This month’s Deep Dive meeting brings together thought leaders in the LTE Advanced ecosystem to discover new technologies, network, and exchange insight. In true Telecom Council style, our Deep Dives are short, packed, interactive discussions with top-notch networking
Silicon Valley, California, Feb 12 2015/Meeting Recap/ LTE-A is starting to roll out, and the Telecom Council held a meeting to discuss what’s in the works, and what is next. We learned from Current Analysis’ Peter Jarich that there are 49 LTE-A launches worldwide already, and that Carrier Aggregation (CA) was the first element of LTE-A to catch on, with carriers able to bond multiple non contiguous channels in one handset, and deliver better service to individual users. Qualcomm’s Prakash Sangam added that CA offered capacity benefits, and lower latencies as well as just giving one user a fatter pipe when congestion is low. Between Jarich’s comments and the rest of the meeting, it seems like LTE Broadcast, HetNets, and MTC (Machine Type Communications) are next in line to see the benefits of LTE-A.
To be fair, though, many of the arguments made at yesterday’s meeting were strongly debated on both sides.
While some discussed how IoT, and specifically the connected car were a natural target for LTE and LTE-A, many attendees questioned the value of LTE-A for the IoT, where device makers are often looking for small, cheap, low-power, low-data devices, not necessarily mobile broadband.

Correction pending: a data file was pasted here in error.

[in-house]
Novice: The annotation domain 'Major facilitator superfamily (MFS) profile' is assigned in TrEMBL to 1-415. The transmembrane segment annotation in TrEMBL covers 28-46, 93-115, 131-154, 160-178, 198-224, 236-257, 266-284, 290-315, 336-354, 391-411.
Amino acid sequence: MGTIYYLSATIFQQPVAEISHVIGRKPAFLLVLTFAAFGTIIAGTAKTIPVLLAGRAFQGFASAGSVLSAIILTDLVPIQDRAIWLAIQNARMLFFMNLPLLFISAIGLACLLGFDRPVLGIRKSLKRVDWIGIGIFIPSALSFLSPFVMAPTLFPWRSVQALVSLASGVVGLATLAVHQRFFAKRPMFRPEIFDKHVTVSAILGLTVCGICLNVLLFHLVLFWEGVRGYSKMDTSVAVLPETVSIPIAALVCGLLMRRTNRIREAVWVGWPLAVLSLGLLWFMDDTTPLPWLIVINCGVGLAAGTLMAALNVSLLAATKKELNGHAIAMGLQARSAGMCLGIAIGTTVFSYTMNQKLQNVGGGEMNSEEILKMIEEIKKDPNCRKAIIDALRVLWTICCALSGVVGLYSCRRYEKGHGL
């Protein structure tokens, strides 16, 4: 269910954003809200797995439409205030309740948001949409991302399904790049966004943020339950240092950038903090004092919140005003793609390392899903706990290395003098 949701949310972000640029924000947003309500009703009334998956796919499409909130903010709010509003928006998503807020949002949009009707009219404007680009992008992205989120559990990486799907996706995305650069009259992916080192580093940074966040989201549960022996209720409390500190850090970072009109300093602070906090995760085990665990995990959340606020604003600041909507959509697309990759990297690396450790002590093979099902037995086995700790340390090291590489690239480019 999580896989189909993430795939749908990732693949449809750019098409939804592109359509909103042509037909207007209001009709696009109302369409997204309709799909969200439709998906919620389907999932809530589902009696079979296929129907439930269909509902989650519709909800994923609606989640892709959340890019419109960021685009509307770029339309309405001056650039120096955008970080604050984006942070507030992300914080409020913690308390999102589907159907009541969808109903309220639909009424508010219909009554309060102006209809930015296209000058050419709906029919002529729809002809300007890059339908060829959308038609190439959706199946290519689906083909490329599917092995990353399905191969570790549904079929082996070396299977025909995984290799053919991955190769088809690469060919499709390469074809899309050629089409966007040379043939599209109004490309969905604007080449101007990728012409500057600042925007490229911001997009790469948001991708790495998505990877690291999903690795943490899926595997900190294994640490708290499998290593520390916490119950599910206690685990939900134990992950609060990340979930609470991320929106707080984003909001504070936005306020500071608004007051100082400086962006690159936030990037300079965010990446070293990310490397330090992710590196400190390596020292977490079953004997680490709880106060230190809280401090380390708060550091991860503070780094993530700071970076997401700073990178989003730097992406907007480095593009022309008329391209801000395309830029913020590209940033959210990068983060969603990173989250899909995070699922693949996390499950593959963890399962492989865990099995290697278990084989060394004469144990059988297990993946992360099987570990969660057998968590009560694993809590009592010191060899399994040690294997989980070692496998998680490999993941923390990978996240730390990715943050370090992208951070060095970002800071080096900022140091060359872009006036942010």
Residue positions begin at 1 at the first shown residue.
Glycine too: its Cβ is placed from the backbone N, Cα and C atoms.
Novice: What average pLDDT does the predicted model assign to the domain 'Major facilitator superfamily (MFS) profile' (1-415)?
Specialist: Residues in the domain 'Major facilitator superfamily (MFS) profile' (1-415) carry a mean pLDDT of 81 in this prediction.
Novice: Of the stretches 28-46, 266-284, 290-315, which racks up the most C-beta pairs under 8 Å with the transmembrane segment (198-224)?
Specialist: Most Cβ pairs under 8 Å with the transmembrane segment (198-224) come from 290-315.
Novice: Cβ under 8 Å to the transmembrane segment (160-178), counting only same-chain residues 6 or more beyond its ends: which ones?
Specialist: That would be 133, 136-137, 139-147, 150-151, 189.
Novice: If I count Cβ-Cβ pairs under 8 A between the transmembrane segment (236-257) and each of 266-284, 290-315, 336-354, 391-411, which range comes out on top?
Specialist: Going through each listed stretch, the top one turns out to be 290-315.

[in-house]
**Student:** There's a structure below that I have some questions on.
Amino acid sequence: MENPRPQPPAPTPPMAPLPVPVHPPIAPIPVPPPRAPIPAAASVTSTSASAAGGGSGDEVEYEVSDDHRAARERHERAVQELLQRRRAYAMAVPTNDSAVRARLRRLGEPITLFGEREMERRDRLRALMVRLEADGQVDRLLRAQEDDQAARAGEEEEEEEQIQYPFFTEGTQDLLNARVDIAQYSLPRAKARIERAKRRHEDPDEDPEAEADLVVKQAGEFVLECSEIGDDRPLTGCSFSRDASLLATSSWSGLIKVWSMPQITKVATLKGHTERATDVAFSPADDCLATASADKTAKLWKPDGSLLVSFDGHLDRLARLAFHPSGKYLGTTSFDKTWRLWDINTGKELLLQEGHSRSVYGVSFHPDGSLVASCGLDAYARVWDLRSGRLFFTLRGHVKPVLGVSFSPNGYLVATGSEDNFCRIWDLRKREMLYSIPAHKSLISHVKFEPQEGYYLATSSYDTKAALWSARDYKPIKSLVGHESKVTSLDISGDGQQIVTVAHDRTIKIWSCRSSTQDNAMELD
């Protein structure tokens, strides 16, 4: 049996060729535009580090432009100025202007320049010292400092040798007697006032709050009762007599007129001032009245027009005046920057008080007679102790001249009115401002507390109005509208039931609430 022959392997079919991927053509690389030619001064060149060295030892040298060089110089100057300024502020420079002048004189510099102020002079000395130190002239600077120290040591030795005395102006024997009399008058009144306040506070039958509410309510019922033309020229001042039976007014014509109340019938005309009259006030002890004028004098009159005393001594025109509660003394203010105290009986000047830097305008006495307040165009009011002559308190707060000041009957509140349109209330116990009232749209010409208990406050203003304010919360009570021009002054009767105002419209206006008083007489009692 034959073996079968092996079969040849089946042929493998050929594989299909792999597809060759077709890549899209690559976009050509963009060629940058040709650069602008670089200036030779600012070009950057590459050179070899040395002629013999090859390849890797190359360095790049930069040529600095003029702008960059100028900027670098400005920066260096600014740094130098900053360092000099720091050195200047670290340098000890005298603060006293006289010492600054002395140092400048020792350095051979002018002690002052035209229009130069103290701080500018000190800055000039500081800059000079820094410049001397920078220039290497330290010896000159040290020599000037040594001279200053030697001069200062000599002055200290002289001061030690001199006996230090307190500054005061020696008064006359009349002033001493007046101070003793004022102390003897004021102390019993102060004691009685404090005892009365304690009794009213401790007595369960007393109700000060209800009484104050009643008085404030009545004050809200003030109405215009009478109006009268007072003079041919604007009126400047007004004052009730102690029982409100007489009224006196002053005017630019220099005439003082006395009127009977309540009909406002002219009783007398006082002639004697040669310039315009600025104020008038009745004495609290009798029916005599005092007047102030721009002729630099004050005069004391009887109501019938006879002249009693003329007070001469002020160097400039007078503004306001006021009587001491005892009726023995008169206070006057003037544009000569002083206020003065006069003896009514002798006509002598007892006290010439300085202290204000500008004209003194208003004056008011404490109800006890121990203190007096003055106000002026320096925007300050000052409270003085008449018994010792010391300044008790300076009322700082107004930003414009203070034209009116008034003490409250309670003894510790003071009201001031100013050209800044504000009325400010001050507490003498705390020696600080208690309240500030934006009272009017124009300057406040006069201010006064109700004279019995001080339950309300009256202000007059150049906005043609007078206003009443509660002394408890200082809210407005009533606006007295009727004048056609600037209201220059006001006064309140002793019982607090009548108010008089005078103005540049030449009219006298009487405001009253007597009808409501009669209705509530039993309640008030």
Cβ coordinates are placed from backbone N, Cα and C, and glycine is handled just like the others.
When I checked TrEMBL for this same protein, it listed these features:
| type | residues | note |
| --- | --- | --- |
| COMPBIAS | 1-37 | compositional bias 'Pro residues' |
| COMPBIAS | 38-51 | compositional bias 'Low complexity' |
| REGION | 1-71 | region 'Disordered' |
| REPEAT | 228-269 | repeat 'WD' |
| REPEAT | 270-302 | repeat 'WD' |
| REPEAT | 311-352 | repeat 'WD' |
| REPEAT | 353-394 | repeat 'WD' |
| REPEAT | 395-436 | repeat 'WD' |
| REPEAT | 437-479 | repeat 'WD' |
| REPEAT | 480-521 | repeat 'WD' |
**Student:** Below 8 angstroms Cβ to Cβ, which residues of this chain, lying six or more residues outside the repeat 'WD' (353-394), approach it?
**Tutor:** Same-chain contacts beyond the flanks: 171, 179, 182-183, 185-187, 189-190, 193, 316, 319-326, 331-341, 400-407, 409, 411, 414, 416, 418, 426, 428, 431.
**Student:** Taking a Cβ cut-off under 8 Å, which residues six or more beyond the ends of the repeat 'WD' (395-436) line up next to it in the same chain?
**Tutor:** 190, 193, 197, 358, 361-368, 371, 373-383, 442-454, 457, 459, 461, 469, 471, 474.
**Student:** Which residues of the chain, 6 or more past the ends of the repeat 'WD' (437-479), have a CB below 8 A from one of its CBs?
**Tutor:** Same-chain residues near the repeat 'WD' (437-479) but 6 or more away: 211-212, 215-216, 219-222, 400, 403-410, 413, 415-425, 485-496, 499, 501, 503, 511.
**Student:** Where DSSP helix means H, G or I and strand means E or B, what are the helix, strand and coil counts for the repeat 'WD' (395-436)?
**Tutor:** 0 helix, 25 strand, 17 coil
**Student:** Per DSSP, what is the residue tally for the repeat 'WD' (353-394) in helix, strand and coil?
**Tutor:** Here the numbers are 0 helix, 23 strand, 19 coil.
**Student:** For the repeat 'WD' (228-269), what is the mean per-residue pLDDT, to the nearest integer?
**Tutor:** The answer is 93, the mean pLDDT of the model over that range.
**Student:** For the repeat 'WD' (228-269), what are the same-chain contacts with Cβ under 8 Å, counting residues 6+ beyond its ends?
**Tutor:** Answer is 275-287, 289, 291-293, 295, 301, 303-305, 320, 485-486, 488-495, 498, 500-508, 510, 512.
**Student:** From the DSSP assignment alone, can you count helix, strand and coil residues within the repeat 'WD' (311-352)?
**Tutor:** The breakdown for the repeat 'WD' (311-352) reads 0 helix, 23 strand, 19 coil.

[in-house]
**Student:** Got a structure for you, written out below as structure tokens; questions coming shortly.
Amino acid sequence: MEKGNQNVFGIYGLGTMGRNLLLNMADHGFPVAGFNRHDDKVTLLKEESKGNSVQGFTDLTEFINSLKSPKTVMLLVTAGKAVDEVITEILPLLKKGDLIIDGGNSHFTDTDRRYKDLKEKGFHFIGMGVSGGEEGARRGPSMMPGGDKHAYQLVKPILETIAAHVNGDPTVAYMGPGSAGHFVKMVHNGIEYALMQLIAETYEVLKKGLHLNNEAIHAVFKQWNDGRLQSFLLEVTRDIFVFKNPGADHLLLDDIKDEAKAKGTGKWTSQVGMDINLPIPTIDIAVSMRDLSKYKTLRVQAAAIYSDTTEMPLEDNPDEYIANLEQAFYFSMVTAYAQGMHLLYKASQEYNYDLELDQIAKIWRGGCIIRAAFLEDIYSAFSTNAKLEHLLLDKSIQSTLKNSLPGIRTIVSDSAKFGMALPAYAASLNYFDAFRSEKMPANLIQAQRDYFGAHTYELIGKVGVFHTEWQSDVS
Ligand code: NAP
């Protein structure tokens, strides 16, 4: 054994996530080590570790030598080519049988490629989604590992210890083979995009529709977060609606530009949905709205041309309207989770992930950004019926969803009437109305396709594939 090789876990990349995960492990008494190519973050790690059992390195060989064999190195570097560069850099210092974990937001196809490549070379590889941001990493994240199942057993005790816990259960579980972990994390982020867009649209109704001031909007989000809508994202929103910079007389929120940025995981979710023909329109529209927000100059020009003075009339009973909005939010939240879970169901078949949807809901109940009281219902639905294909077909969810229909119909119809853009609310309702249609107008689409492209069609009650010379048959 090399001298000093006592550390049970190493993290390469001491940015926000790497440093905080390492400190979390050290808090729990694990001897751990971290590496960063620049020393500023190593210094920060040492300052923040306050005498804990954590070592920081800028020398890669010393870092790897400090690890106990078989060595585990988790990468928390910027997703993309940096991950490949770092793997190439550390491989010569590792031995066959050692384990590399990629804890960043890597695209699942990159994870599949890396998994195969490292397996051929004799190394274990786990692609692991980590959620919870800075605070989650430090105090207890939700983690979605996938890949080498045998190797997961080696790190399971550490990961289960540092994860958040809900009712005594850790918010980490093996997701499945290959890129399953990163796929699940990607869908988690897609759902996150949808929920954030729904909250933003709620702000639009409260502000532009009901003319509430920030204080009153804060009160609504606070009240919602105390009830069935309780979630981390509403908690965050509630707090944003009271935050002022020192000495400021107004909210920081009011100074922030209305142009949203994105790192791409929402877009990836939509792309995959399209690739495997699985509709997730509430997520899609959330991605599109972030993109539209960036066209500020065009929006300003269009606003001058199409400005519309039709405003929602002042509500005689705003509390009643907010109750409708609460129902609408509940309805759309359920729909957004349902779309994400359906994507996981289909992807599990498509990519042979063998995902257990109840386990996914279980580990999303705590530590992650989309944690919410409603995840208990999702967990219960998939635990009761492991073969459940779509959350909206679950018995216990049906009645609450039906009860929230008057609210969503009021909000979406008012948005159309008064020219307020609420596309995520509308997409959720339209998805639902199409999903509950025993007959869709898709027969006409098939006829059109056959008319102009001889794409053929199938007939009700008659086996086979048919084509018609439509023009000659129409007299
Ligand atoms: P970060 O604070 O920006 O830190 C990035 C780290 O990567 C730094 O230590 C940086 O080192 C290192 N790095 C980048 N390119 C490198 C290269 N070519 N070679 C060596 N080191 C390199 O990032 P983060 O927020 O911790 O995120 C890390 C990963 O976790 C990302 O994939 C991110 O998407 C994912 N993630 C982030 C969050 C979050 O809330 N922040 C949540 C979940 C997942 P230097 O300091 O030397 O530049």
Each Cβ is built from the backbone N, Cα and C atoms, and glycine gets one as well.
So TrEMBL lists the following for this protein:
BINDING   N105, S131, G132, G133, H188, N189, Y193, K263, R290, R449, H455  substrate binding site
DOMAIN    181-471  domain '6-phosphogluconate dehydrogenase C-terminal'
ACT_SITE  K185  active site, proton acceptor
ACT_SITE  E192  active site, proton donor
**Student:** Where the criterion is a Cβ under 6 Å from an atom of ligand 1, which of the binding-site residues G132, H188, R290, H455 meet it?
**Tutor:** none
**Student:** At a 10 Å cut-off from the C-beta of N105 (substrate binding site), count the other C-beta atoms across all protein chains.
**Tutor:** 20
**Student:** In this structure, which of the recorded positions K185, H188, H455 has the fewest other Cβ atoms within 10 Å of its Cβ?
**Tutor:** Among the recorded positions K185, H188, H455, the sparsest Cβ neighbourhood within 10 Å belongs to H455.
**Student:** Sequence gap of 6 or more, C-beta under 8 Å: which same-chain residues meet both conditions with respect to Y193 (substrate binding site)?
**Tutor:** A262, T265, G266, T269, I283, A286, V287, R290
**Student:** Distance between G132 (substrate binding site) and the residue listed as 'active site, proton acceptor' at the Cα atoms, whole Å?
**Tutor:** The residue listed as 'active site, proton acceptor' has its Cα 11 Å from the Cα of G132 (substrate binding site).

Qualcomm and Ericsson discussed the potential of LTE over unlicensed spectrum, such as the 5GHz that is commonly used for Wi-Fi today. LTE in unlicensed spectrum uses the licensed LTE bands for all control channels and as a fall-back, but can use the unlicensed bands for bursts of data in a local area without loading up the WAN. Qualcomm showed how LTE could make more efficient use of the WLAN spectrum, while having no negative impact on normal Wi-Fi operation in the same band. But others questioned the value of displacing the cheap and functional Wi-Fi. All agreed that LTE is potentially more efficient, but want to see more data on the benefits of LTE in unlicensed bands.
Arda Aksu, who works on Technology Strategy at Verizon, explained how Verizon was approaching LTE-A aggressively, and already working with CA and MIMO. He discussed field experiments with LTE Broadcast technology at the Superbowl. An audience discussion ensued, and concluded that it does not require a lot of users of an LTE Broadcast signal to justify the expense of the technology or broadcast bandwidth. Since it potentially replaces so many unicast signals, a handful of users watching the broadcast during a stadium event may be enough to trigger eMBMS ROI. Other uses for broadcast beyond stadium/sports events could be things like OS updates, which go out to a large number of users.
Our panel clarified how LTE-A is here, and brings with it a handful of well-defined 4G services.
But how many other (arguably) 4.5G services didn’t seem to be emerging fast:
So, it seems like we’re well on our way, and customers should start to take advantage of the first LTE-A tech in 2015. The technologies are defined, and the low-hanging fruit have already been identified. But our panel explained how the future is a lot more cloudy, since 5G lies ahead, but is yet so very broadly defined that nobody can even credibly tell you what 5G is.